Wednesday, February 6, 2013

What’s on Your Association Board’s Agenda?

Don't Waste Your Board's Time

Over the last 35 years, I’ve participated – either as a volunteer or as a staff professional – in 257 board meetings of local, regional or national associations or nonprofit organizations.

While no two organizations are alike, they share a common element: the board meeting. 

And, man have I been in some really awful board meetings. But, some really good ones too.

Board time is a nonrenewable resource ... don’t waste it!

Here are 8 elements to help make meetings meaningful for your association:
  1. Never hold a meeting without an agenda
  2. Insist on a starting and ending time
  3. Make the main thing the main thing
  4. Use a consent agenda so routine items don’t consume
  5. Insist on great staff work
  6. Provide agenda and materials at least 6 days prior to the meeting
  7. Ensure that everyone participates (the chair’s key job!)
  8. Create a culture of board members coming prepared for the meeting
Thanks to Associations Now and Mark Athitakis for leading me to this discussion via Mark’s blog titled Preparing for Meetings, Preparing for the Future

In his post, Mark referred to Simone Joyauz’s article What Do You Talk About at Your Board Meetings? that ran in NPQ (NonProfit Quarterly).

Here are the highlights of that piece:
  • Don’t listen to reports. You can read reports. Don’t waste time reviewing reports – unless it’s a precursor to an important conversation. Instead, design board meetings for strategic conversation about important items.
  • Board meetings require intentional design and good facilitation. Board meetings should be a gathering of wise and experienced people who talk about important things. Sometimes the board makes decisions. Sometimes the board learns and explores through conversation, preparing to make decisions in the future. Definitely, board members ask strategic questions, even cage-rattling questions. Board members probe to ensure that they are drawing on information that is accurate, insightful, and useful.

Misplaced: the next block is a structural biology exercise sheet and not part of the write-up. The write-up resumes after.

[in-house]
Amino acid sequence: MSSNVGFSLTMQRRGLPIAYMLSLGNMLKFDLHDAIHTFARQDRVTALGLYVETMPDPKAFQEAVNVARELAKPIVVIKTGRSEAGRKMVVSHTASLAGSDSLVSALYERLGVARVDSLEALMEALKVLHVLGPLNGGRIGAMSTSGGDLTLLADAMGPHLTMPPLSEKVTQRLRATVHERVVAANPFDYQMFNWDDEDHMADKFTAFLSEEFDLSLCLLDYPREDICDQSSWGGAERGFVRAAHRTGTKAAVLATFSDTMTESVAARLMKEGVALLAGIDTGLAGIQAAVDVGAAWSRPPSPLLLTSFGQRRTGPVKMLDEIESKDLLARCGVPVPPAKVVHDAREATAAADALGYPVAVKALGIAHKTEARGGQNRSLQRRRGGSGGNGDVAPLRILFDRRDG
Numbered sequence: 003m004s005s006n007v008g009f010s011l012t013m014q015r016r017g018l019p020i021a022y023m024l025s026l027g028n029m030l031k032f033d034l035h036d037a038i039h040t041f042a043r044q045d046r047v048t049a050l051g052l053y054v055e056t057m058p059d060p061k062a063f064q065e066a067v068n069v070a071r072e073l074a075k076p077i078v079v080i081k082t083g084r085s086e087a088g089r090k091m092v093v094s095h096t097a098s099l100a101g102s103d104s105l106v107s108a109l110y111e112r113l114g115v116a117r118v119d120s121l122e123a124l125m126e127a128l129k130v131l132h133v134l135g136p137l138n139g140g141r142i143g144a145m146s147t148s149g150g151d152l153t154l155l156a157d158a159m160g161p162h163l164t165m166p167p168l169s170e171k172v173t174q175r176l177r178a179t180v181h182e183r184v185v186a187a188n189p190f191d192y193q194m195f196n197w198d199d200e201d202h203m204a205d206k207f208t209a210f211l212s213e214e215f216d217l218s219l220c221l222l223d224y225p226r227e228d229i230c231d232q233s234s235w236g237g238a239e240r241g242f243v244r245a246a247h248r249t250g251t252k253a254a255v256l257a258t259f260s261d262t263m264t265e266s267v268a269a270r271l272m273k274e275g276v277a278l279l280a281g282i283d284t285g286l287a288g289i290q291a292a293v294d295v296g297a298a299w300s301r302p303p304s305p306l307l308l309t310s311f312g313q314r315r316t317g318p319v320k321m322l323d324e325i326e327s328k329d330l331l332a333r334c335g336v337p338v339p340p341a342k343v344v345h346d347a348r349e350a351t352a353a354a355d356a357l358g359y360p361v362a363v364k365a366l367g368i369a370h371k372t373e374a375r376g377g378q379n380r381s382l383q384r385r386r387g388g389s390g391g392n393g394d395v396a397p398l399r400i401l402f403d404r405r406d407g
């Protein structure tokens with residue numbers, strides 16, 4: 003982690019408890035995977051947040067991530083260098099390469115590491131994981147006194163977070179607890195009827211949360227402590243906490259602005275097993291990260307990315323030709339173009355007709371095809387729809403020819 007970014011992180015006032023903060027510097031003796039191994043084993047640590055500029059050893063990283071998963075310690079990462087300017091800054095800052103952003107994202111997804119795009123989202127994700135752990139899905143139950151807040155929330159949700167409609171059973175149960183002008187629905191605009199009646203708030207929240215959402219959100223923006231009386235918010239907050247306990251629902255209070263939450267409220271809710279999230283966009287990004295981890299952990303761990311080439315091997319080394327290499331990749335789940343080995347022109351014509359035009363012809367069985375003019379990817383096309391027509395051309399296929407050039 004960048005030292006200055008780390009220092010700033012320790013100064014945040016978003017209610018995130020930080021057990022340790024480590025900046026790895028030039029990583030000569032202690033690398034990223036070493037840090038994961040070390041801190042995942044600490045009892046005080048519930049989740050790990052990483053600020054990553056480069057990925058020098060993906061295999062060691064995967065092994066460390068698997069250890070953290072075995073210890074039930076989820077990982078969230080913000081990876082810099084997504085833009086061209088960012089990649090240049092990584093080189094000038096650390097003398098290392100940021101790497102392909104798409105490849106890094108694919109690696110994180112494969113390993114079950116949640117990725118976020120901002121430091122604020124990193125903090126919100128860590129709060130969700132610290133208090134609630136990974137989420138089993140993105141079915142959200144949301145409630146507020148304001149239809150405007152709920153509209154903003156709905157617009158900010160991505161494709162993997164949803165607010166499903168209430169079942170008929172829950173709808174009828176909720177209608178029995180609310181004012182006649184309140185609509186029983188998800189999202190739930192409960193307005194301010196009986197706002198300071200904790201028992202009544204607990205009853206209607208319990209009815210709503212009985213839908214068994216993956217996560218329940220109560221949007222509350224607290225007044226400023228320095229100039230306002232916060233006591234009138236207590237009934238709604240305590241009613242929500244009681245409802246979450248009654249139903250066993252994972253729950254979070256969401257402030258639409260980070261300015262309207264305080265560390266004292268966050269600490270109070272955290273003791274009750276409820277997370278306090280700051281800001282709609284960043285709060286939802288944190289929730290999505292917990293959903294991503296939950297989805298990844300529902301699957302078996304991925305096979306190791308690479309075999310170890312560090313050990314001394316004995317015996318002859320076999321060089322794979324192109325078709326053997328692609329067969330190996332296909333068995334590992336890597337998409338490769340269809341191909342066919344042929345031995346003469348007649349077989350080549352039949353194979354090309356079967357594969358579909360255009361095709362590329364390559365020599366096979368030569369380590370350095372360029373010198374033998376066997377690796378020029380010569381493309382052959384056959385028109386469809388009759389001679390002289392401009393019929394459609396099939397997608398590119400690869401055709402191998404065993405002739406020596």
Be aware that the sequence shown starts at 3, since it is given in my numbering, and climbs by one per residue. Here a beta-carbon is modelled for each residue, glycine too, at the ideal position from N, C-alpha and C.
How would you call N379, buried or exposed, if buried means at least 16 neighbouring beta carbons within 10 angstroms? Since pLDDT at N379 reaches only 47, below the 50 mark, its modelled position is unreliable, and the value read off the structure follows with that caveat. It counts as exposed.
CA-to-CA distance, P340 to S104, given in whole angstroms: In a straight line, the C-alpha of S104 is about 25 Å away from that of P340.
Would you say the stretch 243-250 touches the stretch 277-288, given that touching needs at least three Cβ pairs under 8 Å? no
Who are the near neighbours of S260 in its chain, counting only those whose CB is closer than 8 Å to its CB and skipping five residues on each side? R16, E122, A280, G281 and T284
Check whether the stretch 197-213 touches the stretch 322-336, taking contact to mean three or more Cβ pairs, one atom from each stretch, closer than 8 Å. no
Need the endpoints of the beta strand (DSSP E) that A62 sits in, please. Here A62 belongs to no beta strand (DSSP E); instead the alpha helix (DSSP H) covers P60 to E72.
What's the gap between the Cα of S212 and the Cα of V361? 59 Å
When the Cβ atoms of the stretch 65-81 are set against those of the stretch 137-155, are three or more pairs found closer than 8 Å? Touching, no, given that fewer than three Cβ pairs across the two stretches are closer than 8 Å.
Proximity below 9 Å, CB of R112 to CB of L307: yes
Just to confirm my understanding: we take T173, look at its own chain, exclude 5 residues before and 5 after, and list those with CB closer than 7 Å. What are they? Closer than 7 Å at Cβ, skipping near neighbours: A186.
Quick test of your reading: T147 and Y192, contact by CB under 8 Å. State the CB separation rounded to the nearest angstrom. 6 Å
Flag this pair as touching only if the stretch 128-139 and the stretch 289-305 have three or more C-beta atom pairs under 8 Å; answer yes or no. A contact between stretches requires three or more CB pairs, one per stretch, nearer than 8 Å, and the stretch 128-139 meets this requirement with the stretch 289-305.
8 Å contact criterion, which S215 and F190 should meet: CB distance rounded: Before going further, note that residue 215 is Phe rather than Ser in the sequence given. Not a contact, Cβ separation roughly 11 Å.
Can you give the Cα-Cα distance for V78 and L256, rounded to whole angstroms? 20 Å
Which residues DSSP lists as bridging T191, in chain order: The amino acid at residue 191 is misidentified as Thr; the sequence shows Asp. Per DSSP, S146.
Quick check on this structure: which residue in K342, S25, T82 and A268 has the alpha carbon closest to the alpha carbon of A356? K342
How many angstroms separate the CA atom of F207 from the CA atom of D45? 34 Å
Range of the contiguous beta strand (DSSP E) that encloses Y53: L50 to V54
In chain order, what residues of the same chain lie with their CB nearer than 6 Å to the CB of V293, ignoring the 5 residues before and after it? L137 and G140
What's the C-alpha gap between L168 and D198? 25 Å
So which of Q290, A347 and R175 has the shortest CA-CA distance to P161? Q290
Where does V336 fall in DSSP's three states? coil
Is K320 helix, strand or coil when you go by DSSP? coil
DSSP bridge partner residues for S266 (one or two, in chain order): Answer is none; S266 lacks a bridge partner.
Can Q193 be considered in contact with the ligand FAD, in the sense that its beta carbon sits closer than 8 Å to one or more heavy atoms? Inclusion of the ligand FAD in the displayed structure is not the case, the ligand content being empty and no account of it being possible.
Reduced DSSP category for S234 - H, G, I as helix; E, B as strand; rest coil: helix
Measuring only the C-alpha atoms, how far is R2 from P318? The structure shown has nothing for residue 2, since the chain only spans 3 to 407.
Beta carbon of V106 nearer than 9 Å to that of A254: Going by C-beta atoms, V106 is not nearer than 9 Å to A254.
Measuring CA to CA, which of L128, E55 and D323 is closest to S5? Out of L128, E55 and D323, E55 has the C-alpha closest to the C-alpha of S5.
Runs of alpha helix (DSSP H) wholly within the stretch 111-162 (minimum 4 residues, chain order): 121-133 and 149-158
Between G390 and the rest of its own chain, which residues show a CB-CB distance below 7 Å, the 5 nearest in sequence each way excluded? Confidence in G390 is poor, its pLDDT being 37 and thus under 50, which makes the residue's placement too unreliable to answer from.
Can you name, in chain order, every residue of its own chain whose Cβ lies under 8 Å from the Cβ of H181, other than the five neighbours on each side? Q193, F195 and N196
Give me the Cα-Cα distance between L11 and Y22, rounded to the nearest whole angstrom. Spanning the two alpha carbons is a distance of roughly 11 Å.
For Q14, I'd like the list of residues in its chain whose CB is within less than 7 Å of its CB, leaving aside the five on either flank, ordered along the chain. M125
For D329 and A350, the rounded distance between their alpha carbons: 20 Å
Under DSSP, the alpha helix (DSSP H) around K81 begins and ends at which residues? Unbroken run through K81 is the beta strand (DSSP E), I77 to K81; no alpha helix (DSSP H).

• Design the agenda based on what is most important to your organization at this time. Handle routine matters quickly. Put the most important items at the top of the agenda. Provide adequate background information in advance of the meeting so that people come prepared.
  • Don’t talk about management stuff. Even if you’re a small organization, don’t talk about management stuff at board meetings.
How about using these questions for periodic board meeting agendas?
  • How is our adaptive capacity?
  • How are we foreseeing the unforeseeable?
  • How effectively do we recognize, anticipate, prepare for and respond to different situations?
  • How effectively do we anticipate unintended consequences?
  • What might have once been inconceivable – but now seems as if it might become inevitable?
  • What is of concern that, if we don’t address it, can become alarming?
One final thought from Joyauz: 
  • Do not provide extra copies of materials at meetings. Expect – insist – that your board members come prepared, with their materials in hand. Board members should read the material in advance of the meeting, making notes, highlighting key items.
What are you doing to help your board in its leadership role?

1 comment:

  1. I like this post, enjoyed this one, Thanks for sharing this very good post. Very inspiring! (as always, btw)